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On Friday, the Energy Department announced it will provide more than $120m in funding to create “coal products innovation centers… [that] …will focus on manufacturing value-added, carbon-based products from coal, as well as developing new methods to extract and process rare earth elements and critical minerals from coal.” The announcement was made in conjunction with a trip by the Energy Secretary to CONSOL Energy Inc.’s mining complex in western Pennsylvania, his fourth trip to a swing state in recent weeks. CONSOL announced in January that it had invested in a company that turns coal into carbon foam products for the industrial, aerospace, military, and commercial product markets.
Why This Matters: Coal innovation is an oxymoron or maybe just moronic – and certainly a dubious investment. In fact, despite having spent more than $1 billion of our taxpayer funds in an effort to “revive and modernize” the coal industry, including expanding U.S. coal exports and the development of emission-free products from coal, the industry –both in Appalachia and the West — continues to decline. University of Wyoming energy economist Robert Godby said of it in April, “It’s like the elevator is not just plunging down the elevator shaft; the cable broke and we’re just going straight down.”
CONSOL is already dipping into federal research dollars — it is also “partnering on a DOE-funded project with Ohio University and other industry partners to develop coal plastic composites that are geared toward the engineered composite decking and other building products markets. Studies show that the global market for such plastic composite materials is expected to exceed $8 billion by 2023.” The company sees the “coal to products” market as having a bright future. Its CEO said of their investment at the time that it “leverages certain attractive properties of coal but with significantly lower emissions and greater value uplift potential than conventional combustion applications. These products not only provide a high-margin revenue stream but also provide an intriguing new opportunity to utilize the vast resource base that our country is endowed with.” According to E&E News, Betsy Monseu, CEO of the American Coal Council, said there’s growing interest and momentum in the coal-to-products market.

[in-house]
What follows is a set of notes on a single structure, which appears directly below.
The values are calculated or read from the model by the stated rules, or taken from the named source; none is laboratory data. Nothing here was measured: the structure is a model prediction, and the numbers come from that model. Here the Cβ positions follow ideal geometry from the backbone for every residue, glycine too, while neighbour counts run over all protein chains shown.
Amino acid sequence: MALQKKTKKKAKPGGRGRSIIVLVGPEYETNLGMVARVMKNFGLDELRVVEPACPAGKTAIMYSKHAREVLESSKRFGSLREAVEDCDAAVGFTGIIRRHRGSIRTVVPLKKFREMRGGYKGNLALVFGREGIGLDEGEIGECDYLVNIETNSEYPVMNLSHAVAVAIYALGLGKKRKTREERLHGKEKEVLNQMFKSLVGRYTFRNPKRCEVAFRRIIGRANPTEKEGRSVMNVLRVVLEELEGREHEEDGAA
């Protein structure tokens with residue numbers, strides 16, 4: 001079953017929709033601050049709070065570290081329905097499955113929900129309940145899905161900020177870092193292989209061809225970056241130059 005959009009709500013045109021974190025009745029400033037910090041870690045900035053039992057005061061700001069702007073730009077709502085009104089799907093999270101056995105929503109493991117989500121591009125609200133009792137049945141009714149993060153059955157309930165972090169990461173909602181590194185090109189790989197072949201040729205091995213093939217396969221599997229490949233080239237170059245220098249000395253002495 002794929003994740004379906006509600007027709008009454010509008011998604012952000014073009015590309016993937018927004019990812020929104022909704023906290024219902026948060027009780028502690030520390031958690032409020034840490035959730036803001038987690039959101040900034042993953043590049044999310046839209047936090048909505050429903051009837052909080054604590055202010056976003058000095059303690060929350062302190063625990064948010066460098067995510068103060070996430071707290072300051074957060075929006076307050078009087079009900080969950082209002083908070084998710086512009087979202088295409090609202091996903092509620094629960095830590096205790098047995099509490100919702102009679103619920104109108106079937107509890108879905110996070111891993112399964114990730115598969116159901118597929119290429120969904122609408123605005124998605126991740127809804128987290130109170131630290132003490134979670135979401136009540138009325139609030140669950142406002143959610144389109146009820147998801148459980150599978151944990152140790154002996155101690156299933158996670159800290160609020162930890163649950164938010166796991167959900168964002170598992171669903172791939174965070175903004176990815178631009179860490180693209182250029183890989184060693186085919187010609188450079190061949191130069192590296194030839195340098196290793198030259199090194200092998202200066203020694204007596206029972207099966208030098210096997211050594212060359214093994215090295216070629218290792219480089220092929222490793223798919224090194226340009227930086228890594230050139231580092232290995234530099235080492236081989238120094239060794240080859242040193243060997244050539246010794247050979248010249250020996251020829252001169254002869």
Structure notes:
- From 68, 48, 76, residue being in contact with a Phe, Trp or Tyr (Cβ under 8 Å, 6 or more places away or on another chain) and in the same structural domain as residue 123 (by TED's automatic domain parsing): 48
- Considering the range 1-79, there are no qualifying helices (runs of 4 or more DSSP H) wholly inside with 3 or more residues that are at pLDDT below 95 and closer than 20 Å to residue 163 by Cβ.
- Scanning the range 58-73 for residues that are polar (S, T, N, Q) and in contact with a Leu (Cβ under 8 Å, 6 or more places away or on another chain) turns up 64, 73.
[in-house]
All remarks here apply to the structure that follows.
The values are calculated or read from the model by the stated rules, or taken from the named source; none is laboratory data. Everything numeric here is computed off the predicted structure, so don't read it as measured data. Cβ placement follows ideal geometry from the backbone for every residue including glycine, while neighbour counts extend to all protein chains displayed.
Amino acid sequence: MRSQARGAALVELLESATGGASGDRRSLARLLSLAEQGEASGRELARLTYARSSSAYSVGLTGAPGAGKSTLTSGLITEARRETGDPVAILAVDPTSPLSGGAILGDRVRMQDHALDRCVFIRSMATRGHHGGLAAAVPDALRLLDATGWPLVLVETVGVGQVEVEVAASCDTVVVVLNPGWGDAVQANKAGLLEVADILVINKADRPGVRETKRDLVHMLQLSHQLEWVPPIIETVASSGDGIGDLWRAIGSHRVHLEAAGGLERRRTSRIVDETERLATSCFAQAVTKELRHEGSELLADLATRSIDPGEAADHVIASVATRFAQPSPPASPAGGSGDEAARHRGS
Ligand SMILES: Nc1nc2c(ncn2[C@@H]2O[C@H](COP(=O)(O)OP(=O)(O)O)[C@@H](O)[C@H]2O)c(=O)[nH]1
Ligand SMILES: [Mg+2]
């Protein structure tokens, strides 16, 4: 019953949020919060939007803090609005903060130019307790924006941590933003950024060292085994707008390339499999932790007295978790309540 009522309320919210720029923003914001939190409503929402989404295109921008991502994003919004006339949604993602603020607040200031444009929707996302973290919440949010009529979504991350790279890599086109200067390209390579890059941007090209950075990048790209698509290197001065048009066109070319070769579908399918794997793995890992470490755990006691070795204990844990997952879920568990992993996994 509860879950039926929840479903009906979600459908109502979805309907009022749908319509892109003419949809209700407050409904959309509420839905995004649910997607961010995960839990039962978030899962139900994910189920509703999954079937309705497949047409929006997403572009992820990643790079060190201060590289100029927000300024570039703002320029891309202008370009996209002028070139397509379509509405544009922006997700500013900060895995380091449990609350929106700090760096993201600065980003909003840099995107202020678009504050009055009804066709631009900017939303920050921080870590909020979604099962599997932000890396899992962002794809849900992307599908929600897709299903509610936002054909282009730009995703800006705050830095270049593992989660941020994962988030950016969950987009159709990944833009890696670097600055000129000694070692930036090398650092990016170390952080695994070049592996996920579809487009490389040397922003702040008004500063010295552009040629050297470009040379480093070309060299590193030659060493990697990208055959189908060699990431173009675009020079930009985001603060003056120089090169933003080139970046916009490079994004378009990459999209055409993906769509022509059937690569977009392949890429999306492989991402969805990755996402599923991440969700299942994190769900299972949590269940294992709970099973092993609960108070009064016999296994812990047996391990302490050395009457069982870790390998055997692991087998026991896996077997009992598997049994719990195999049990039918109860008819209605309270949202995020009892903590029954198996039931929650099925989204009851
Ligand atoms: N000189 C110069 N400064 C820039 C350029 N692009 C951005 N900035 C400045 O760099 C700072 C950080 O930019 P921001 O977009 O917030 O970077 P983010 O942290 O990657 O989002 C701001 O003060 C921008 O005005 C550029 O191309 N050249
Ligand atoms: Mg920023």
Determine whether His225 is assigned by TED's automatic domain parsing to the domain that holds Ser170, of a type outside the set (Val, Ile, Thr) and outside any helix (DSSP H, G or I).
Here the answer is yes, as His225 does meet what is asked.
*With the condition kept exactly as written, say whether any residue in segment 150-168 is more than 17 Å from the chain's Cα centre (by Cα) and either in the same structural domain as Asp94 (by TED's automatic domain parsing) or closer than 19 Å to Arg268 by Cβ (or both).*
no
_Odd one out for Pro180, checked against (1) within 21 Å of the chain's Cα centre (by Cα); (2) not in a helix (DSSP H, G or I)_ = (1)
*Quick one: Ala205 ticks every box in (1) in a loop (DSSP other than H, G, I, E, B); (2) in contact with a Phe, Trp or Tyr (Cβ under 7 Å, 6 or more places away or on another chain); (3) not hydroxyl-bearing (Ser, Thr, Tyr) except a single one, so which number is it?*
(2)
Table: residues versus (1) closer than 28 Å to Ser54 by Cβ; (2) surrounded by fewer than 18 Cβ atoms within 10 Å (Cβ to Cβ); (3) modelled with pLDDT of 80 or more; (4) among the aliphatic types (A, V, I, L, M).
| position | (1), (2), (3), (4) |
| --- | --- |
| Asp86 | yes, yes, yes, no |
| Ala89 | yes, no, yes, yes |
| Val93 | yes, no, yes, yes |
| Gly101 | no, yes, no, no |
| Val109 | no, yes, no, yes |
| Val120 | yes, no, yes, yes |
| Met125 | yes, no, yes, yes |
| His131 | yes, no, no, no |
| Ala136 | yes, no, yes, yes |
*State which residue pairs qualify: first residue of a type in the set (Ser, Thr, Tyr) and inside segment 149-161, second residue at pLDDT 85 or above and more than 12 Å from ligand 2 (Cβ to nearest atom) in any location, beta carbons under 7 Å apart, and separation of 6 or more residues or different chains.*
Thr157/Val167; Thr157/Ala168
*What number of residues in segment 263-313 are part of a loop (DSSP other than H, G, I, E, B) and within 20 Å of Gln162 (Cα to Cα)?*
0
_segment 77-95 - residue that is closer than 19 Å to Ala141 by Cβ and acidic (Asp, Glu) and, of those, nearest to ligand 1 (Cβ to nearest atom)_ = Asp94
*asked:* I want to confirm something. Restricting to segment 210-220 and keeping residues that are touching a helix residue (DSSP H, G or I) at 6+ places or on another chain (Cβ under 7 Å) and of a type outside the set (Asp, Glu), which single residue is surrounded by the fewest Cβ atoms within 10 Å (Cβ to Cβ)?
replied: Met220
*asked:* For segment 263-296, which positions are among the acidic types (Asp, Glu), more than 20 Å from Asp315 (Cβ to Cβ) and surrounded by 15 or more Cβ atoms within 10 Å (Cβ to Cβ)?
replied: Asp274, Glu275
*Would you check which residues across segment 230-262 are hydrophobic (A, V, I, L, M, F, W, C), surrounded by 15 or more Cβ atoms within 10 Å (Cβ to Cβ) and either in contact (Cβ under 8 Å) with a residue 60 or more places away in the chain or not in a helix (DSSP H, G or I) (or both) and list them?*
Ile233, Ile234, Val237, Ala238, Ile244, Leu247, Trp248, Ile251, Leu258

Back to Reality
Environmental groups expressed frustration. The Hill reported that Mary Anne Hitt, the director of the Sierra Club Beyond Coal Campaign, called coal products in the developmental stage “boondoggles” and said of the announcement, “This is something that has been tried and failed many times before to find alternative uses for coal and it … usually never makes any sense economically,” said Mary Anne Hitt, the director of the Sierra Club Beyond Coal Campaign. Hitt went on to say that “We should instead be spending those resources on providing a fair and robust economic transition for coal communities as we continue moving away from coal.”
A federal judge in Washington, DC ruled yesterday that the Dakota Access Pipeline must shut down and empty all its oil until the government completes an environmental review of the pipeline’s impacts, giving the Standing Rock Sioux Tribe, whose reservation lies downstream, a huge victory. Similarly, late in the day, the Supreme Court refused to overturn the order of a district judge that shut down construction of parts of the Keystone XL pipeline so it is also blocked for now.
Why It Matters: The Dakota and Keystone XL news is greatly tempered by the fact that numerous other pipeline projects can go ahead despite their inadequate permit unless they are individually challenged in court and blocked.
Yesterday, Dominion Energy and its partner, Duke Energy, announced they were ending a 600-mile natural gas project that would have cost at least $8 billion to complete. As the Richmond Times-Dispatch wrote, Dominion and Duke canceled the construction of the Atlantic Coast Pipeline in the face of mounting regulatory uncertainty caused by a federal court […]
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